Désert de Retz

The International Carlo Scarpa Prize for Gardens

IV Annual Award, 1993

Created by Monsieur de Monville between 1774 and 1789, in the heart of a valley surrounded by the Forêt de Marly, the Désert de Retz is a still striking witness to the philosophical speculation, irony and melancholy detachment of the Enlightenment, an architectural folly of masterly wisdom, including the main house, in the shape of a massive, ruined column, echoing the visionary utopias of Ledoux or Boullée, and its satellites the delightful Chinese house, the Egyptian pyramid and the temple of Pan.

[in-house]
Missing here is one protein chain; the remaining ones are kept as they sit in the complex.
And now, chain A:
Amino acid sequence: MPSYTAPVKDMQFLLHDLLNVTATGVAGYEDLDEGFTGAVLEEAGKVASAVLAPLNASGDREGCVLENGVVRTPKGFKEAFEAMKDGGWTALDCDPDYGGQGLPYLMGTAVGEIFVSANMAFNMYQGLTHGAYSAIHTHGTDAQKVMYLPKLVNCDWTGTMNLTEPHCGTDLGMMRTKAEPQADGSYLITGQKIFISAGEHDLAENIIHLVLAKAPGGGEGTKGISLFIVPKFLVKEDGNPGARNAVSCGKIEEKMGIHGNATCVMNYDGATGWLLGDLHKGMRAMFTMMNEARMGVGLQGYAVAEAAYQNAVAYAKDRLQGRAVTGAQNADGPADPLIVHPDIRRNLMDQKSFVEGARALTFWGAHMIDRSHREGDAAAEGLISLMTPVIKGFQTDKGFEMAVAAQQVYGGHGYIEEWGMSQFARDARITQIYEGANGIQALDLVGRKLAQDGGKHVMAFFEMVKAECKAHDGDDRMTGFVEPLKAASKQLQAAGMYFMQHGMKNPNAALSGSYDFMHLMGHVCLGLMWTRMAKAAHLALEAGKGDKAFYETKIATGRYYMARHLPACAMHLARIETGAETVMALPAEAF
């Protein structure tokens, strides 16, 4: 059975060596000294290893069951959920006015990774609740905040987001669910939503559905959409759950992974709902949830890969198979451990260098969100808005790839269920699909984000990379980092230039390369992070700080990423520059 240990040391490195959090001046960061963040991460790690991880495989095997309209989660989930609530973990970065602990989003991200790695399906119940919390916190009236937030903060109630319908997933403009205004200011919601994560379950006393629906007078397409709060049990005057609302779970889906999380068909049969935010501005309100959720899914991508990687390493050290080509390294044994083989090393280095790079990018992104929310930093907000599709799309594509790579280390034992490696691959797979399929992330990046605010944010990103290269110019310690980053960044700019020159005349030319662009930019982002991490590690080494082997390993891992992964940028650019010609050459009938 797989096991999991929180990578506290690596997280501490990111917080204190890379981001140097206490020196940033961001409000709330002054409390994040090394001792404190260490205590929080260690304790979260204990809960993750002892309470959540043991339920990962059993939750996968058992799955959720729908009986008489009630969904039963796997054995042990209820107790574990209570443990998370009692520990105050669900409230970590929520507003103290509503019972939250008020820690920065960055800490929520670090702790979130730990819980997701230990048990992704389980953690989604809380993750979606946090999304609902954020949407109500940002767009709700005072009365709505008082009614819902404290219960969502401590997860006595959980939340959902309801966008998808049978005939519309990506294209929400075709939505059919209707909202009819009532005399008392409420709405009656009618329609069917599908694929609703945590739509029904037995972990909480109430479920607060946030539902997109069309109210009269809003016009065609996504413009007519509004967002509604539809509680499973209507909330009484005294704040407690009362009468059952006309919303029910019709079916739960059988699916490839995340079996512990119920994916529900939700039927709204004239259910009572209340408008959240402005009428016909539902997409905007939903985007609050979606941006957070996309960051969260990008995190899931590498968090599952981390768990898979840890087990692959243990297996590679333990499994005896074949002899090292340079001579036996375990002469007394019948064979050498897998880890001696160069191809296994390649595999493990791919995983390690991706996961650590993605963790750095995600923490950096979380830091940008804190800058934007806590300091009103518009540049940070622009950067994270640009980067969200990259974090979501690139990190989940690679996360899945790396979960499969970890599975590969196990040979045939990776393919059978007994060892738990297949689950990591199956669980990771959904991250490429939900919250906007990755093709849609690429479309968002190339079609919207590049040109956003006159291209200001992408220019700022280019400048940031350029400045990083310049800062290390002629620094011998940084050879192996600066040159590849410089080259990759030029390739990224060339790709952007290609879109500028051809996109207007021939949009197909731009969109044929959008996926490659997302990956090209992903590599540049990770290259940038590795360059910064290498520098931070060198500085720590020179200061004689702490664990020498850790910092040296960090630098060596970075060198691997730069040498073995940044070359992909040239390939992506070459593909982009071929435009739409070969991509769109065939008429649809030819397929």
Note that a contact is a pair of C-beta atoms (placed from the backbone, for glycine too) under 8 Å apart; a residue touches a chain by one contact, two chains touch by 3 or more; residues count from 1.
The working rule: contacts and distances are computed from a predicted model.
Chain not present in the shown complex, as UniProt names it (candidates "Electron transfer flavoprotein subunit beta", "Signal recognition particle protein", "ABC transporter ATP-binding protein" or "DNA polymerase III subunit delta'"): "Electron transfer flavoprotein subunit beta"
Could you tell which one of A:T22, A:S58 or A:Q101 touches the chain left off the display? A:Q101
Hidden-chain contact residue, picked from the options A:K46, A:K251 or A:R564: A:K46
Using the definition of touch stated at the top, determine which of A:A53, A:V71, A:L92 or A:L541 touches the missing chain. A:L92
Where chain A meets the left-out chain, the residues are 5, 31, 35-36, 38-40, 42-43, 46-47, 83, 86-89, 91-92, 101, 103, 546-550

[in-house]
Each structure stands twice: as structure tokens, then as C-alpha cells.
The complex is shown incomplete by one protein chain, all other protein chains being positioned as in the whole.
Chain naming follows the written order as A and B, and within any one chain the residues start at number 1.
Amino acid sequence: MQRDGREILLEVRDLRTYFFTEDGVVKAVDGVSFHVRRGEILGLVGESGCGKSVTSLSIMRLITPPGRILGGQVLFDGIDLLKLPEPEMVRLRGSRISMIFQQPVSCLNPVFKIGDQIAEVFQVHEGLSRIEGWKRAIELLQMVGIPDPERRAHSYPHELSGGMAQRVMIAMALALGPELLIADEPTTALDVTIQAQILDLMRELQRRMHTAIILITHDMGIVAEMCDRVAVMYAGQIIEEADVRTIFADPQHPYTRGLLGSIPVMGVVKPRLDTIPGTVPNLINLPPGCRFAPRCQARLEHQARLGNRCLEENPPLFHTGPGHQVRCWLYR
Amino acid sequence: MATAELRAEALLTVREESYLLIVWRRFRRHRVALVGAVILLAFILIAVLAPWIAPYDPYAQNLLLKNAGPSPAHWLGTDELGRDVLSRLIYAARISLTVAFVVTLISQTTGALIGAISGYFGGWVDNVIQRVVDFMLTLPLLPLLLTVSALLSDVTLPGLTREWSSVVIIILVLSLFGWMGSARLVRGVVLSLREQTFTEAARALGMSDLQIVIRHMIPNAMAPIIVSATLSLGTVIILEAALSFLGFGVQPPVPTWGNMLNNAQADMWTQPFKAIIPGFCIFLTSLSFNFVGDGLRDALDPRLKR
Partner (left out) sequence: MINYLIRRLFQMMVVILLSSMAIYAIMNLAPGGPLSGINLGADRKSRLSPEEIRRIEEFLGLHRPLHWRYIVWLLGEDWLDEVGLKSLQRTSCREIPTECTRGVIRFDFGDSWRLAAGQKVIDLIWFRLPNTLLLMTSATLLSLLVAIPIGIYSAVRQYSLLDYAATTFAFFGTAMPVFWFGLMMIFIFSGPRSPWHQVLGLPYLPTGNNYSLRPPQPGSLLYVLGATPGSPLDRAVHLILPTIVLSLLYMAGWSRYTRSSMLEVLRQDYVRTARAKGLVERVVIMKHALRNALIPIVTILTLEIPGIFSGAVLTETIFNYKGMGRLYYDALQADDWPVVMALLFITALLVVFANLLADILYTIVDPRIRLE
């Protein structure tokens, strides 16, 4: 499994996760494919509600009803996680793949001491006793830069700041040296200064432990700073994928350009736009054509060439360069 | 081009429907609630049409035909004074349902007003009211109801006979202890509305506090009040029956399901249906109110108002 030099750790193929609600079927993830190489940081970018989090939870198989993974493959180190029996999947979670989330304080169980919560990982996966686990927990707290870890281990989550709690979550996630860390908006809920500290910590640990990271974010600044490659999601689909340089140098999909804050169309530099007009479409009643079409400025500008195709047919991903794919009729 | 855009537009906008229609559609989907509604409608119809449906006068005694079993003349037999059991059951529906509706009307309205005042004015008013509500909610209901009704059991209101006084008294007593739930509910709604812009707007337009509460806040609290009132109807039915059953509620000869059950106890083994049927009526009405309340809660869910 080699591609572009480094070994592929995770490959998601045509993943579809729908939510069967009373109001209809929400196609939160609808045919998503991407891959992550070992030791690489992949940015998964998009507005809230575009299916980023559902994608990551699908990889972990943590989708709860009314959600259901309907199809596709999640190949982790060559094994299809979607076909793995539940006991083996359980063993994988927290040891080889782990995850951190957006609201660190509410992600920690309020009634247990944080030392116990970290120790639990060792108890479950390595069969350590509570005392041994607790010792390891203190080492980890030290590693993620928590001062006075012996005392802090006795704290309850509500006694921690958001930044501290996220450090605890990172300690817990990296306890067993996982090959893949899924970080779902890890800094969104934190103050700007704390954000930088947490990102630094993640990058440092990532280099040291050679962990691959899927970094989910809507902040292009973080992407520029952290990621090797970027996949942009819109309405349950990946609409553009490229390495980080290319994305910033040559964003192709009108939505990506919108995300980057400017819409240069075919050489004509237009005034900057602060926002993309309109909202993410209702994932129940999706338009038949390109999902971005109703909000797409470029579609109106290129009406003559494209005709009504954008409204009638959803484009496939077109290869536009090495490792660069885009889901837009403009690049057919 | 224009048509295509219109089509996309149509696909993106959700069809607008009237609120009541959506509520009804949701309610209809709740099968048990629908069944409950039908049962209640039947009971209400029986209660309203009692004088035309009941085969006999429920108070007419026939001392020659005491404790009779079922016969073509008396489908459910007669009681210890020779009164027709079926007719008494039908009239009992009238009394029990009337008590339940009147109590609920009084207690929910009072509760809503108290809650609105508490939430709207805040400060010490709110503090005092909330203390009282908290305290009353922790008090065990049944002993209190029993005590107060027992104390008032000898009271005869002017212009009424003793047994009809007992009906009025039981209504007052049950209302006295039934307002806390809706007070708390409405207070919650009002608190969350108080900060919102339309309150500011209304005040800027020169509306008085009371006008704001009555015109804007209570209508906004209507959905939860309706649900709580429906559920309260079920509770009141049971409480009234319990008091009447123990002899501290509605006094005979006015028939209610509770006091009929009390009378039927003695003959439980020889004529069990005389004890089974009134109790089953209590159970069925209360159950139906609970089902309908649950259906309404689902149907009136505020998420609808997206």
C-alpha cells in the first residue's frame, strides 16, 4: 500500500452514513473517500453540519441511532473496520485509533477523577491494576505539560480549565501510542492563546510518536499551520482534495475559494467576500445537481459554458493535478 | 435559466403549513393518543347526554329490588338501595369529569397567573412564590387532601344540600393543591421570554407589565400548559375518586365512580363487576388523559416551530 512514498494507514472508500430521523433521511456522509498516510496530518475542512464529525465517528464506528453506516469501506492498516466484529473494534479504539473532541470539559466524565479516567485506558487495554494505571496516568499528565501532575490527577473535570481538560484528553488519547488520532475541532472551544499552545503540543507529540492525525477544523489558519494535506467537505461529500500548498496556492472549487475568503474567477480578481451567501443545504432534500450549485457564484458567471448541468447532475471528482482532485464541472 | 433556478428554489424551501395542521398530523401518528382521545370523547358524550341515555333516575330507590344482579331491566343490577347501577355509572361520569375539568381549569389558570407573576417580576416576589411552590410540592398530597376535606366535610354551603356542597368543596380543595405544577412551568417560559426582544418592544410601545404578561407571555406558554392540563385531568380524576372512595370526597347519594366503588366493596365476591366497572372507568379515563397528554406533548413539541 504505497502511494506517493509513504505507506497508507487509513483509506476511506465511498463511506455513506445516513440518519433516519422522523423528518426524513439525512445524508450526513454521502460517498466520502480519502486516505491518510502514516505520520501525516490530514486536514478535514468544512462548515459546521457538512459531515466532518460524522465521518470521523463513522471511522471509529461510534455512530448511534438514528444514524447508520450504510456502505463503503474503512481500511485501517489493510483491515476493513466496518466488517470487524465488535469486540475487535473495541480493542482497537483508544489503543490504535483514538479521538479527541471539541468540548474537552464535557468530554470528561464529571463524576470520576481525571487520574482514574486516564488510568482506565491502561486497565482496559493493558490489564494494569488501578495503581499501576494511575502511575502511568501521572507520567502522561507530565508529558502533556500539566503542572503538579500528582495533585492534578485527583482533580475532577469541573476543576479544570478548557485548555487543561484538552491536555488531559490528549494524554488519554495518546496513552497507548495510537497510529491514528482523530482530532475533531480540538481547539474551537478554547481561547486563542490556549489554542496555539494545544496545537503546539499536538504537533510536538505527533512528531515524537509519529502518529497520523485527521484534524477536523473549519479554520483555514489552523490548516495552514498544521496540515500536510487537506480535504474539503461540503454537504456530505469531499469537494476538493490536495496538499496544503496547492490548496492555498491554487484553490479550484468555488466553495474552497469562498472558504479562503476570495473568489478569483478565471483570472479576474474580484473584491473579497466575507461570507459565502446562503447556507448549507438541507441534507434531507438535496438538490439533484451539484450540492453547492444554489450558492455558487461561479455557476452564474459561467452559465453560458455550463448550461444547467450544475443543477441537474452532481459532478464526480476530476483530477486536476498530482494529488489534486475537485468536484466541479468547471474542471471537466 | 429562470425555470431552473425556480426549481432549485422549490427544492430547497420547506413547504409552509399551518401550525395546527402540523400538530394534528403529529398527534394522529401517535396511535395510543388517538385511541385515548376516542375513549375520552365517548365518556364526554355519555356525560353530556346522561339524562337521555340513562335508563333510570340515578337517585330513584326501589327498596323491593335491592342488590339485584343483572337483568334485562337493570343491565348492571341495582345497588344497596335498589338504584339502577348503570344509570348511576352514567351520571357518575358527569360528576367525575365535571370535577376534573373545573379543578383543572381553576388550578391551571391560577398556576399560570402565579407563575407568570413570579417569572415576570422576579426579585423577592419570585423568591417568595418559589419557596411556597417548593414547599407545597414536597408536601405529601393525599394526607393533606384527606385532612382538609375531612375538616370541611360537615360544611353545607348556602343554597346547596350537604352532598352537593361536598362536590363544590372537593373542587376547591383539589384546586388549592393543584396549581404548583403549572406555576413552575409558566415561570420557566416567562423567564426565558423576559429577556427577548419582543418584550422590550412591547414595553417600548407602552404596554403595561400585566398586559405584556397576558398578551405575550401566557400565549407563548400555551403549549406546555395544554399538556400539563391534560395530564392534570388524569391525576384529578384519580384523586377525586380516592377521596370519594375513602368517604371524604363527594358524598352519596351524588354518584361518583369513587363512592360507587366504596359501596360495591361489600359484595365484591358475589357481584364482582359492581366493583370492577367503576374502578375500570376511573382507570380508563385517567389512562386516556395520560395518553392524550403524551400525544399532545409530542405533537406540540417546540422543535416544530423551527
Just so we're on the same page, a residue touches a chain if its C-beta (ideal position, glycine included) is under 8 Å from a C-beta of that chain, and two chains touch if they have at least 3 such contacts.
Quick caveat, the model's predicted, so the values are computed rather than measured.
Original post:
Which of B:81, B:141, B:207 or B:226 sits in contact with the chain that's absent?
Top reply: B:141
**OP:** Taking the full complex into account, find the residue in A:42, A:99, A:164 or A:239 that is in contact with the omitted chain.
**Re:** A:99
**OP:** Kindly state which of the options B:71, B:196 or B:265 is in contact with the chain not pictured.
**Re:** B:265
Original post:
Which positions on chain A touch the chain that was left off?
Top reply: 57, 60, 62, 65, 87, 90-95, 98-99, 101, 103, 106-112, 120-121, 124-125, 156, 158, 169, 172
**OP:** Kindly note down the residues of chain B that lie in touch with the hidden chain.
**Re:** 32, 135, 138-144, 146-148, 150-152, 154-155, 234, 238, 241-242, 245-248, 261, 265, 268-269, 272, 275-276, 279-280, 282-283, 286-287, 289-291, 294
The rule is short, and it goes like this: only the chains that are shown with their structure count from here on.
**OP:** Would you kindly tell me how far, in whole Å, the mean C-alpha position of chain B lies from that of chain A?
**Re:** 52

Thirty years ago, Olivier Choppin de Janvry found the site in a state of abandon. Though the present state of this magnificent symbiosis of art and nature testifies to the extraordinarily successful efforts he has made to revive the fabric and spirit of the place, the existence of the Désert de Retz is still threatened and offers a disturbing example of how the apparently “simple” task of maintaining a historic garden can turn out to be one of the great challenges facing our age.

Text taken from the 1993 Carlo Scarpa Prize Statement, edited by the Jury.